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Tectonic Plates' Movement Begins to Bring Europe and Americas Closer

By Breanna Draxler
Jun 19, 2013 7:55 PMNov 20, 2019 2:57 AM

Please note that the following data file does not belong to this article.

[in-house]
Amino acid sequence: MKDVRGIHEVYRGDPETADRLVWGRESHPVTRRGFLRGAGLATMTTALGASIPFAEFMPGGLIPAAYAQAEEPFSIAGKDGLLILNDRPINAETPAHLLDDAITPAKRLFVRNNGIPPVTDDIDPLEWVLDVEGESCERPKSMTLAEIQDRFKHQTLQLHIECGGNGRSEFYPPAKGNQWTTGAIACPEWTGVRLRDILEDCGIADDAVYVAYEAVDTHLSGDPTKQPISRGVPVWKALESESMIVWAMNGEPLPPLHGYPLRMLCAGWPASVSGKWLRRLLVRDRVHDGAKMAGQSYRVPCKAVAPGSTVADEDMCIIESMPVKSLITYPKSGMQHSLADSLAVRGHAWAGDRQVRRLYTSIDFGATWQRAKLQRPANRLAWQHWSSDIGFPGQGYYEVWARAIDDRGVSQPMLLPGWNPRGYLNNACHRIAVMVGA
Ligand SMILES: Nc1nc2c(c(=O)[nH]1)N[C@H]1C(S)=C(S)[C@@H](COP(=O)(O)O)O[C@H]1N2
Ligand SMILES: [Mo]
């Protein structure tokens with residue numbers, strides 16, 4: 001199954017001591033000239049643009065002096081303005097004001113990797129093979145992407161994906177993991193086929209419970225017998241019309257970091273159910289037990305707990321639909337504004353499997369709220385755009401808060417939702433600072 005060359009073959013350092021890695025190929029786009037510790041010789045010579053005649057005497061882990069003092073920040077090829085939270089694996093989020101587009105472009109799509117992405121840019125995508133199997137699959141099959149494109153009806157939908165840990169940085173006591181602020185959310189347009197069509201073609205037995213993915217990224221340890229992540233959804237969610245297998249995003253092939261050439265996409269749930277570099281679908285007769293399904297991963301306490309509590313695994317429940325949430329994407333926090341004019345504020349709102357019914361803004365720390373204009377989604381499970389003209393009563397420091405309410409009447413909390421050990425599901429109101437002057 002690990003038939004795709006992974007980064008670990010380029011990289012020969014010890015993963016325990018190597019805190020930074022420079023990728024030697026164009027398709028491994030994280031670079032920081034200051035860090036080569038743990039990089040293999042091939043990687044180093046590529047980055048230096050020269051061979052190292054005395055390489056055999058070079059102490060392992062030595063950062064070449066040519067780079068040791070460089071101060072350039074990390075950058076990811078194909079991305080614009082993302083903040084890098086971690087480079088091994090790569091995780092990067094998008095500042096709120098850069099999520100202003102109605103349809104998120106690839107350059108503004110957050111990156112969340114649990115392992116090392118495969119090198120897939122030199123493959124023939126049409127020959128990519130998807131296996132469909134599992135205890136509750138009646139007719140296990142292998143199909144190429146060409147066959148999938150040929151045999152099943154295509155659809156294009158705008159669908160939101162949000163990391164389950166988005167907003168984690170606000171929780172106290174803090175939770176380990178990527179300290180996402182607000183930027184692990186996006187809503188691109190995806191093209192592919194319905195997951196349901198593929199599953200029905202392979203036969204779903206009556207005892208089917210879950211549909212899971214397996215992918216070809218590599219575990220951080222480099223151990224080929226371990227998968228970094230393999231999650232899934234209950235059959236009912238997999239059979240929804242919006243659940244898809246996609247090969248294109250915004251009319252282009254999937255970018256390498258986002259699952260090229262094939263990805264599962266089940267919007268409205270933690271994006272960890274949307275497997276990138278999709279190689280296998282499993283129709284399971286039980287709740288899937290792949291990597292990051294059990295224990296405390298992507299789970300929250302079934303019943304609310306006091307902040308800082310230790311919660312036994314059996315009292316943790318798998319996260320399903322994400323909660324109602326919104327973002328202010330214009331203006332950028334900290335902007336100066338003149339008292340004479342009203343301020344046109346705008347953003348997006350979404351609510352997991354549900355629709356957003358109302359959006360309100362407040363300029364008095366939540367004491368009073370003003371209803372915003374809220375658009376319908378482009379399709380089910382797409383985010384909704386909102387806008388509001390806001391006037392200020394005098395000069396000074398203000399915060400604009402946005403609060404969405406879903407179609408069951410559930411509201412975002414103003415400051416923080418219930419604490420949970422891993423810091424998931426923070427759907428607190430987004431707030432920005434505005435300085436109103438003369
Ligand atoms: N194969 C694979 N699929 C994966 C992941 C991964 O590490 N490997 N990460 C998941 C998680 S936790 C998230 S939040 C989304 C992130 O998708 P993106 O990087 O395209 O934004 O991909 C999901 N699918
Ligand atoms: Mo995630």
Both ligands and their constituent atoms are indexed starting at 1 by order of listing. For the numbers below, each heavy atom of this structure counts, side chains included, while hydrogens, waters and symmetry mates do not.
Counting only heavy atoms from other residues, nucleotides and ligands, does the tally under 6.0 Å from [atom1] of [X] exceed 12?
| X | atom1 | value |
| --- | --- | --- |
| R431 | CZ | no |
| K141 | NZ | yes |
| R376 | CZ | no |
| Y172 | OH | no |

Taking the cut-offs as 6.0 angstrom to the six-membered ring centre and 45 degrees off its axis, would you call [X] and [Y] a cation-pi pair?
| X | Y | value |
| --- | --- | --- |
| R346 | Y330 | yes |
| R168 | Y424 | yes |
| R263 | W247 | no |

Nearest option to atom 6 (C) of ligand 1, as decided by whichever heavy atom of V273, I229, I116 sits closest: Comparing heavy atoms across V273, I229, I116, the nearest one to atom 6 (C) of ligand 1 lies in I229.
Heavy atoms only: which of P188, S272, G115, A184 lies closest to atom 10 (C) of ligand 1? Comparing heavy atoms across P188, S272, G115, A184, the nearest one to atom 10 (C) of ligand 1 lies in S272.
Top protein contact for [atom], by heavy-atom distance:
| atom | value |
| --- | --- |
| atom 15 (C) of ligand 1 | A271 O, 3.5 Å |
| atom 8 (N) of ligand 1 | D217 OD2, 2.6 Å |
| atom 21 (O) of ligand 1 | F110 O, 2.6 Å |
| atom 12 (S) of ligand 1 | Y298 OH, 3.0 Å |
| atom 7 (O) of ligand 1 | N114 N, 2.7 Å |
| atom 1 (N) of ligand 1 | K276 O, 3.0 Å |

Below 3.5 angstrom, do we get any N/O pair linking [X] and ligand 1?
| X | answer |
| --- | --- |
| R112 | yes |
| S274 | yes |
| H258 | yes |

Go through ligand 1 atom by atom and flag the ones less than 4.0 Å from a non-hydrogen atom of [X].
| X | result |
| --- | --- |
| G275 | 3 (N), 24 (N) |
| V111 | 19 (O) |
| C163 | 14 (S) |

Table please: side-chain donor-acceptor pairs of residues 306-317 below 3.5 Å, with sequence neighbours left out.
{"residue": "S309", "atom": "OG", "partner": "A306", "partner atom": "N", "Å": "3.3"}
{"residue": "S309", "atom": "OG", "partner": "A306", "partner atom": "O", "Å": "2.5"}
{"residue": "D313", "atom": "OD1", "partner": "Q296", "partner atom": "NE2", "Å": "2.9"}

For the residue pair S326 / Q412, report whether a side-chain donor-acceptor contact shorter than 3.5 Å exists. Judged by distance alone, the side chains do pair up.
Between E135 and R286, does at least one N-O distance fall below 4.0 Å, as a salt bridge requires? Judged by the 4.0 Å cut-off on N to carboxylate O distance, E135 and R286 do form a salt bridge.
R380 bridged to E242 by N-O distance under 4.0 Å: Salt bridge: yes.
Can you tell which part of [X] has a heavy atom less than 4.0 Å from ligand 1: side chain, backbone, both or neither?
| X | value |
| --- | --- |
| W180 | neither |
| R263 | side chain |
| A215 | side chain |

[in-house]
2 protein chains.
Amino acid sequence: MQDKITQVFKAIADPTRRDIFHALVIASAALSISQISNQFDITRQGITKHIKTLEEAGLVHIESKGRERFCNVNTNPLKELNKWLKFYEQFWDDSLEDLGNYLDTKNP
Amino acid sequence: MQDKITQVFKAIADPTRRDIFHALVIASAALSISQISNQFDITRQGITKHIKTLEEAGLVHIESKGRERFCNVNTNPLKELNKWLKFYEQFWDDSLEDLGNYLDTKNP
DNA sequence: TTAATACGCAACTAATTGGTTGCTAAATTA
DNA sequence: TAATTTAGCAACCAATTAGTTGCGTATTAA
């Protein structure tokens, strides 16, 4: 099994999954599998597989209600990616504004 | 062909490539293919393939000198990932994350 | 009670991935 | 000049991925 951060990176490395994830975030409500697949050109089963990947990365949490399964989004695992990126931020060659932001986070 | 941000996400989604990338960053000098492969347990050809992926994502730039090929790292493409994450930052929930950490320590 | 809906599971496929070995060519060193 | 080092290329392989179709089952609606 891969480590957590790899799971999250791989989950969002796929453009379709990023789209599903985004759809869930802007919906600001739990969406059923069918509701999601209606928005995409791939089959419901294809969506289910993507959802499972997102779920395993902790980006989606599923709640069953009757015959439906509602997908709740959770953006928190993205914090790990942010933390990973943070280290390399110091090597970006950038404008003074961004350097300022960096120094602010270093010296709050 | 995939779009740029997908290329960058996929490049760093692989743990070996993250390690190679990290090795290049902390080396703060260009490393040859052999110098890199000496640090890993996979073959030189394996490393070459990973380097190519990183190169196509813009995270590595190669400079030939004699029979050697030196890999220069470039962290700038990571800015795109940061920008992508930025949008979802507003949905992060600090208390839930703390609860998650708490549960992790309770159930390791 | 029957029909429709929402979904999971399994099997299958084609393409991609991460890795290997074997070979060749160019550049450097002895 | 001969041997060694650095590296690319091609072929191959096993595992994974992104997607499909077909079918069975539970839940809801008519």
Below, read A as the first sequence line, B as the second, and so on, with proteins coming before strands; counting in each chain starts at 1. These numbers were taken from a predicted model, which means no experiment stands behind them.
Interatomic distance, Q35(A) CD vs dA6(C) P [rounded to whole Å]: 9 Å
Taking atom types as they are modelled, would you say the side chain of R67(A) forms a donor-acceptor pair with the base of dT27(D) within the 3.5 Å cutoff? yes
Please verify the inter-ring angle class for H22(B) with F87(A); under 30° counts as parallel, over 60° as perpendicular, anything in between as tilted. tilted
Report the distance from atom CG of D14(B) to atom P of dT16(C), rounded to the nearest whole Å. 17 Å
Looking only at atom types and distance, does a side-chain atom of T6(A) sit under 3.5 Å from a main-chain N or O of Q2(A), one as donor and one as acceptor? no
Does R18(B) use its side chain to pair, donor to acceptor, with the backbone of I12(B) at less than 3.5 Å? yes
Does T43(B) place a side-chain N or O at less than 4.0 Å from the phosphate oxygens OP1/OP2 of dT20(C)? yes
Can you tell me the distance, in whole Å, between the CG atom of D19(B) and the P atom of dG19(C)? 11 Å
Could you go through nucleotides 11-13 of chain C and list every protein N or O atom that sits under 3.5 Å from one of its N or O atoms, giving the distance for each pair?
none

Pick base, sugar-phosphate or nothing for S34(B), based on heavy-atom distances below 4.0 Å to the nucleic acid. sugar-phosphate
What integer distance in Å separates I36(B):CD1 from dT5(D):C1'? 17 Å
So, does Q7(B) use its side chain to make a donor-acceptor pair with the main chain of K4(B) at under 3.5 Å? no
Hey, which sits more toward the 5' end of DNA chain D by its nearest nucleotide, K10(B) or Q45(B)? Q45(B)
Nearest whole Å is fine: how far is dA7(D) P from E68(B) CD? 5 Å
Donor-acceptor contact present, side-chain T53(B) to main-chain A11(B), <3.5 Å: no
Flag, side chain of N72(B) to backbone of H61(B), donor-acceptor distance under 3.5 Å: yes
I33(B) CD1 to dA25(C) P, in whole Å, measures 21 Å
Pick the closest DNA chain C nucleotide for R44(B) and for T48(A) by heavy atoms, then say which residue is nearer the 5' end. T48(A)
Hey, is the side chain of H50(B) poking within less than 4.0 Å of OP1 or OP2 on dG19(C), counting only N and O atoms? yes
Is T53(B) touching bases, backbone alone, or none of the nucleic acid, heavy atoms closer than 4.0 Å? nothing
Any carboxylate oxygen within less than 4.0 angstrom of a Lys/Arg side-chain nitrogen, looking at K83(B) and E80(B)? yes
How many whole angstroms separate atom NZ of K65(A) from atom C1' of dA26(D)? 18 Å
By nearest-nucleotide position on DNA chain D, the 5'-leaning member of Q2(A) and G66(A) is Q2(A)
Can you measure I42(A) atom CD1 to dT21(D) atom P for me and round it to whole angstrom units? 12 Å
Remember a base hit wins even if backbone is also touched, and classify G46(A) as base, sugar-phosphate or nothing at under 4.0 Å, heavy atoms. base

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A simplified tectonic map of Atlantic Ocean (A) and the location of the study area (B). Image courtesy of João Duarte via Geology. Hundreds of millions of years ago, a single mega-continent on the Earth broke up and began to drift apart. The pieces spread out across the surface of the globe, eventually settling in their current positions as continents and creating oceans in between. Now scientists have observed the first indication that this movement may be shifting into reverse, setting the United States and Europe on an eventual collision course. Such an expansion and contraction of the Earth's crust is directed by a recurring process called the Wilson cycle. Step one: tectonic plates move apart, breaking up supercontinents and filling oceans. (Picture Pangea.) Step two: tectonic plates fracture, creating new subduction zones that force one plate under the other, into the Earth's molten mantle. Step three: subduction brings the continents back together to create a new supercontinent. Using seismic data to map the ocean floor off the coast of Portugal, geologists found the first signs of a fracture occurring at what's called the southwest Iberia margin, located in the middle of the Eurasian plate (see the map above). The tectonic activity is very minor at this point, but the researchers think it may lead to the creation of a new subduction zone. If this is indeed the case, it could split the tectonic plate in two, creating an oceanic plate that would be drawn under the continental plate that contains Europe. Over the course of millions of years, this could ultimately reunite North American and Europe. This inkling of movement under the Atlantic Ocean, which lead researcher João Duarte calls an "embryonic subduction zone," is the first evidence that this plate may be starting the re-closing process. The results, published in Geology, will help flesh out details in geological models about the ebb and flow of Earth's crust and the oceans between. However, present-day humans don't have much to worry about. The Wilson cycle is thought to have occurred in its entirety only three times in the history of our planet, and it will be another 220 million years or so before North America crashes into Europe. So don't start planning your transatlantic roadtrip just yet.

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